Separation: Nine Tips to Help You as You Move Through the Divorce Process
There may be 50 ways to leave your lover but there’s a heck of a lot more to it than just being creative with the word good-bye. More often than not, the way you handle your exit will determine your ex’s entrance — into your wallet, your circle of friends, and the judge’s predisposition on settlement day. Before you win a petty battle only to lose the whole dang war, here are nine tips to arm you for victory where and when it counts!
1. Shut up, zip it, mum’s the word.
“Stay cool. Do not discuss details with friends and relatives, they will only confuse you and your words can be used against you if they get leaked to the opposing camp,” says Joe DuCanto, named by the Leading Lawyer Network as one of the Top 100 Leading Lawyers in Illinois and an Illinois Super Lawyer. “Listen to your lawyer and share details only with him or her.”
2. Always tell the truth.
“Answer questions from the other side truthfully but briefly. Long answers can reveal too much. Always tell the truth, but don’t always be telling it,” advises DuCanto.
3. Don’t handpick your share.
“Telling the other side what you want may lead to handing them leverage to use against you later. If you really want the antique tea set or the newer car, just tell your attorney that, and no one else! Don’t discuss with your spouse what you will take, do, want or need,” says DuCanto. “Leave that to your lawyers.”
4. Don’t shoot the goose.
“Don’t set out to ruin or destroy the other party. If you do, you’ll hurt yourself, the kids, and maybe the goose that used to lay the golden eggs,” warns DuCanto. “Too many husbands go to jail because the wife was angry and spilled the beans.” Much too late, the woman comes to realize that the man can’t pay alimony or child support if he’s behind bars instead of working! The same holds true for men trying to hurt or demean their wives. You might have held all the winning cards if she has a drinking problem or cheated on you, but you’ll blow it if you come across as abusive verbally, emotionally or physically.
5. Do think of you first.
“It’s easy to cave to the emotions of the moment and agree to too much trying to assuage your guilt or ensure the kids have enough. But that strategy can backfire and leave you destitute in the long-term. Forget about anything other than yourself; no more Mister Nice Guy,” says DuCanto. “If you take care of number one, all the rest will follow.” Think of it like the airplane drill where you are told to put your oxygen mask on first, and then your kid’s. The thought process is the same: you cannot help your kids if you are out of commission. Tend to yourself first; you can always give your kids more later as you can afford it. for starters.”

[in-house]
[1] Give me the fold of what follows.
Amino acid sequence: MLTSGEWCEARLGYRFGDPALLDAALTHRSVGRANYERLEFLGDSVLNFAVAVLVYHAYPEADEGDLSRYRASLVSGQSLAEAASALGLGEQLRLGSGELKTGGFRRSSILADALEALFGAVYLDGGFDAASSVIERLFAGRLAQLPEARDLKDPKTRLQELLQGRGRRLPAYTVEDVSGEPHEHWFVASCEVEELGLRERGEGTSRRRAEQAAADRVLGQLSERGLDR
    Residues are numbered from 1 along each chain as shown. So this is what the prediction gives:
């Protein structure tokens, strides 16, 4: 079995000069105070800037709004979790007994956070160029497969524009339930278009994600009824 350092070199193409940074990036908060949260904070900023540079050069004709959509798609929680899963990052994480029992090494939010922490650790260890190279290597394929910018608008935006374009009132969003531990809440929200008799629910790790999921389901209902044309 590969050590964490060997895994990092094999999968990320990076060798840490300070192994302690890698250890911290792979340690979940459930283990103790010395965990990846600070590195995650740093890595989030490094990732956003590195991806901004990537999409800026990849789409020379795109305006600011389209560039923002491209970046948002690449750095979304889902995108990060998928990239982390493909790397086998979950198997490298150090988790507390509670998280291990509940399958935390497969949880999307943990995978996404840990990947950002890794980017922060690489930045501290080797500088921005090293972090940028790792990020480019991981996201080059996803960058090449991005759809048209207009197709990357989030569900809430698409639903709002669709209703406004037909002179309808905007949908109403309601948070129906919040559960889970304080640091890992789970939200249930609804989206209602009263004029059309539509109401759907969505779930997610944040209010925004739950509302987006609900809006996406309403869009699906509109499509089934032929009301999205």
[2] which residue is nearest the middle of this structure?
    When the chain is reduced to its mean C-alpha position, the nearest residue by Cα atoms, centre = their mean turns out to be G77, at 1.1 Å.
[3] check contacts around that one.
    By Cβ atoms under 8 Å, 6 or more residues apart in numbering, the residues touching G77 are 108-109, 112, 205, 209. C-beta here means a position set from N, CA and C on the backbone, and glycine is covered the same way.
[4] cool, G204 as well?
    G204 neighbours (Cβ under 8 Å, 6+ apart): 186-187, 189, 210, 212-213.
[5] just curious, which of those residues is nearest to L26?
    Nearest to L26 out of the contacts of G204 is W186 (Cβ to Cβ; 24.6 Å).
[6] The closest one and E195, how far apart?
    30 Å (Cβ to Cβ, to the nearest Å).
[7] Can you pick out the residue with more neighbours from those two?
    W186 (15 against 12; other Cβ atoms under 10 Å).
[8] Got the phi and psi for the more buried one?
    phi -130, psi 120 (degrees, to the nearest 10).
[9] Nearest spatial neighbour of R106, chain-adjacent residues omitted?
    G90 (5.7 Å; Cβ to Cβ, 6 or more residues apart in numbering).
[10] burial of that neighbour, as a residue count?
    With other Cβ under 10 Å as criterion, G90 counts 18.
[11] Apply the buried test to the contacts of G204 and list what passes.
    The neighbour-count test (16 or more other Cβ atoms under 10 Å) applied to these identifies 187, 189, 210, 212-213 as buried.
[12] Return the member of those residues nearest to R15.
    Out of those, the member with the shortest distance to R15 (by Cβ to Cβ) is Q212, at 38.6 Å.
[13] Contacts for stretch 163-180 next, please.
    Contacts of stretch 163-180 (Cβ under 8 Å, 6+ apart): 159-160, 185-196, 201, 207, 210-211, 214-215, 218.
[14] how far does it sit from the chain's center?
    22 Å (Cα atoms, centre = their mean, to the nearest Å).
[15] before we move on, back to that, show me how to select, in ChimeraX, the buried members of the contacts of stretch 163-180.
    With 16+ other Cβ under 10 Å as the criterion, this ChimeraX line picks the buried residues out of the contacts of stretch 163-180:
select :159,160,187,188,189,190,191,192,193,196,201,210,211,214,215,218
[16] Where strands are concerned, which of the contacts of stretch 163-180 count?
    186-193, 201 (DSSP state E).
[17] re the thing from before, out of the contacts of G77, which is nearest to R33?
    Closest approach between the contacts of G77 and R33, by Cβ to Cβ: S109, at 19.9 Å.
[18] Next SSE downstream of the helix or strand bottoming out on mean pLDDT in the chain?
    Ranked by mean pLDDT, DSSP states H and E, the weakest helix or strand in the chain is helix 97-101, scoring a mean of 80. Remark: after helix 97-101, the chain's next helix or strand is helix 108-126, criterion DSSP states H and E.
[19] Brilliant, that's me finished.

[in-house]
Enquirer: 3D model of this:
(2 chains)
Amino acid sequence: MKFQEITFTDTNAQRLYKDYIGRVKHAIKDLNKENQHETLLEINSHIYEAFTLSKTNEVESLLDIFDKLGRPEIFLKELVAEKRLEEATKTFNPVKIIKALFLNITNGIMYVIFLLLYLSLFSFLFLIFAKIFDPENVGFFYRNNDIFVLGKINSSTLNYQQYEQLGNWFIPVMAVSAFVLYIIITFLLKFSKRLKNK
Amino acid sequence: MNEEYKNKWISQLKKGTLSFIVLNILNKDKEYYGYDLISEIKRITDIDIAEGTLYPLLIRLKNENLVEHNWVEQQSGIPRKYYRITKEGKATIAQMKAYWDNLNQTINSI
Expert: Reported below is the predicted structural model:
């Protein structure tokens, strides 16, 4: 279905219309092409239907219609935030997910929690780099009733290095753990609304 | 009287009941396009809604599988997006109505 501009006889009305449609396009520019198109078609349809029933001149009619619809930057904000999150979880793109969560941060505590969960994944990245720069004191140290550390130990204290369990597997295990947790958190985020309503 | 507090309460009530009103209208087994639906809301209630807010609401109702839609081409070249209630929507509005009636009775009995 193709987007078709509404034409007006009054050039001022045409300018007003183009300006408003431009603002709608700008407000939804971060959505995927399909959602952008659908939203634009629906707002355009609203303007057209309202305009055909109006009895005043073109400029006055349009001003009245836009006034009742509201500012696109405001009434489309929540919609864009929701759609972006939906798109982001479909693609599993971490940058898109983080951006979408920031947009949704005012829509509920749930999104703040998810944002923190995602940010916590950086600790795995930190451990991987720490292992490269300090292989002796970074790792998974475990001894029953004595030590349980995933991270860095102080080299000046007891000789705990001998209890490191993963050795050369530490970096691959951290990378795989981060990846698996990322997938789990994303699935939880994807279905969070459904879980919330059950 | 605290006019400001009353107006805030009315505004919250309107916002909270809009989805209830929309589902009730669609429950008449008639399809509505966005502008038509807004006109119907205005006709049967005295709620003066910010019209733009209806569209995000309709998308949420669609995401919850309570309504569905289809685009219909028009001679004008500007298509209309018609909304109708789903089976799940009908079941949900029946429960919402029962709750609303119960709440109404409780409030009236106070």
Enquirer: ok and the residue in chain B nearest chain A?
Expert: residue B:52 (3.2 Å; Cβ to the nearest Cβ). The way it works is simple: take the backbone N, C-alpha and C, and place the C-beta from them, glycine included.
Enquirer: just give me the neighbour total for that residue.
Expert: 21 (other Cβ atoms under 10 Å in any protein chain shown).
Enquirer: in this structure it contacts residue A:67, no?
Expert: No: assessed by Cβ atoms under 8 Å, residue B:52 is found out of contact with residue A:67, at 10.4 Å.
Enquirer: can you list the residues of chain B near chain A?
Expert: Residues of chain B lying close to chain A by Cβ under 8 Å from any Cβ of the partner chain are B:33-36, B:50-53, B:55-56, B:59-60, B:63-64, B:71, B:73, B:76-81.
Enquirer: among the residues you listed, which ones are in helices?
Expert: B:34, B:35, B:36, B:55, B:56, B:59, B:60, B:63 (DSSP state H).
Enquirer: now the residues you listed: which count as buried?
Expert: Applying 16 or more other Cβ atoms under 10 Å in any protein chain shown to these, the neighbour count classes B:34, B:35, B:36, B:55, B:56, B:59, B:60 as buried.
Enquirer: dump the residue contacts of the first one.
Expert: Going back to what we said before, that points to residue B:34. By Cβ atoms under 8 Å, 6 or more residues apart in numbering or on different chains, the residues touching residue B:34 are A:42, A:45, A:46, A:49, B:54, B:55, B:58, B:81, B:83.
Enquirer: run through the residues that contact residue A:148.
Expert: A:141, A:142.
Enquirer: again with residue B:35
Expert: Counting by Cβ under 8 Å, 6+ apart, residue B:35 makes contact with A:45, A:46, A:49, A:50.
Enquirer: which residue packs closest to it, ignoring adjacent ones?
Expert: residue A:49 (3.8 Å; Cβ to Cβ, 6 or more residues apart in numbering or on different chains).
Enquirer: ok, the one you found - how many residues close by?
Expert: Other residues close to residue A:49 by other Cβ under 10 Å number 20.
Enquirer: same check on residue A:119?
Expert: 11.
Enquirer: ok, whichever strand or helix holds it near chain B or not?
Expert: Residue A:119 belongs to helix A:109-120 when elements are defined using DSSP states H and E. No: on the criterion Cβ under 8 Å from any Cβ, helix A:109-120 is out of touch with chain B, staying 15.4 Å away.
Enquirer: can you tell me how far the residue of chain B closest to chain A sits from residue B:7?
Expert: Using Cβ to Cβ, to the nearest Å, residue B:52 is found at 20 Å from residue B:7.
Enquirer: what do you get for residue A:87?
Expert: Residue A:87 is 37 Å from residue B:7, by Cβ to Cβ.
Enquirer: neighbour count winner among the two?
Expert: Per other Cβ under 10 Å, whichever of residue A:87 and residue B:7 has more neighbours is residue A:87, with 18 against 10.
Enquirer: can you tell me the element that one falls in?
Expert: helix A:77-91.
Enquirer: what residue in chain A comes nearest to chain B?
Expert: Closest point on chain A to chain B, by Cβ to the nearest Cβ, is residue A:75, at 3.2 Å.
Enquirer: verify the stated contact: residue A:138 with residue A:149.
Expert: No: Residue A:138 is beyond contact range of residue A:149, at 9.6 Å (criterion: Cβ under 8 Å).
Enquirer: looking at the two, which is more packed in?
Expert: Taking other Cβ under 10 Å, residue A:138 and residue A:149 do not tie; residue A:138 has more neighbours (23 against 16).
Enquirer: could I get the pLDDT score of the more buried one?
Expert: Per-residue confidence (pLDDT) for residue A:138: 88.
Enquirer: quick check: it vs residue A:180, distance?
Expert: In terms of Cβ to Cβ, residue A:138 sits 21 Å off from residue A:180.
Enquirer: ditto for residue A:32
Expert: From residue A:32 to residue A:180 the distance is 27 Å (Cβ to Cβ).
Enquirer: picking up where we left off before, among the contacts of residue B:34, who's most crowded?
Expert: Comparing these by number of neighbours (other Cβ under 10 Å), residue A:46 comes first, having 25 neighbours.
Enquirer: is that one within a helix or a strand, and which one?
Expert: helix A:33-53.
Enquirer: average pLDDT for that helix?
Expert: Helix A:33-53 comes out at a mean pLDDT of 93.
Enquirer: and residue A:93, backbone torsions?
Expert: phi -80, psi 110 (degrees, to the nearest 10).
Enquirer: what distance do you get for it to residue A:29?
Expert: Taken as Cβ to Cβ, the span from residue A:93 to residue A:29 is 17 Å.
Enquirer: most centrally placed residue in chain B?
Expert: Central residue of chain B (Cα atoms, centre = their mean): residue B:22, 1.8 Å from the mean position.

6. Don’t second guess the process.
“Do you even have grounds for divorce? Have you lived in your state long enough to meet the residency requirements? These are important questions you need to ask an attorney BEFORE you tell your spouse you are leaving,” says Mark Guralnick, a veteran divorce attorney licensed to practice in seven states and four countries. He is also author of six books on divorce. Spending time with a lawyer will enable you to negotiate with your spouse more knowledgeably.”
7. Accept the change.
“No matter how you cut it, one-half of something is not greater than the original sum. Mentally prepare to adjust your lifestyle following divorce,” advises Steve Rhode, President of Myvesta.org, a non-profit consumer debt assistance service. “When two people split there is often a change in the financial power of each newly separated spouse.”
8. Do watch the money.
“When you know separation is in the near future, think about dividing any cash available into separate sole accounts,” says Rhode. “I just had a client last week where the wife cleaned out the joint account before she left.” Separating the money, or at least starting an individual bank account with your next paycheck can contain your losses. If your spouse does clean you out, keep a journal and bank records to show to the judge later. Most courts accept journals as evidence which can help your case dramatically. It can also help your memory if you have to take the stand in court.
9. Do collect vital information.
“Inventory all debts; margin investment accounts, credit cards, auto loans, auto leases, personal loans, loans made to others,” says Thomas Duffy, CFP and president of Jersey Shore Financial Advisors, LLC. “Also get copies of credit reports on both spouses; credit card statements for last few years showing spending patterns for each; copies of tax returns for last two to three years; pay stubs for last several months;detailed employment history for both spouses indicating benefits such as deferred compensation, health care in retirement or other retiree benefits. For contested split-ups photographic evidence, for example, videotape, of hard assets, detailed records showing large and or unusual asset movements, withdrawals etc., need to be gathered too,” he says.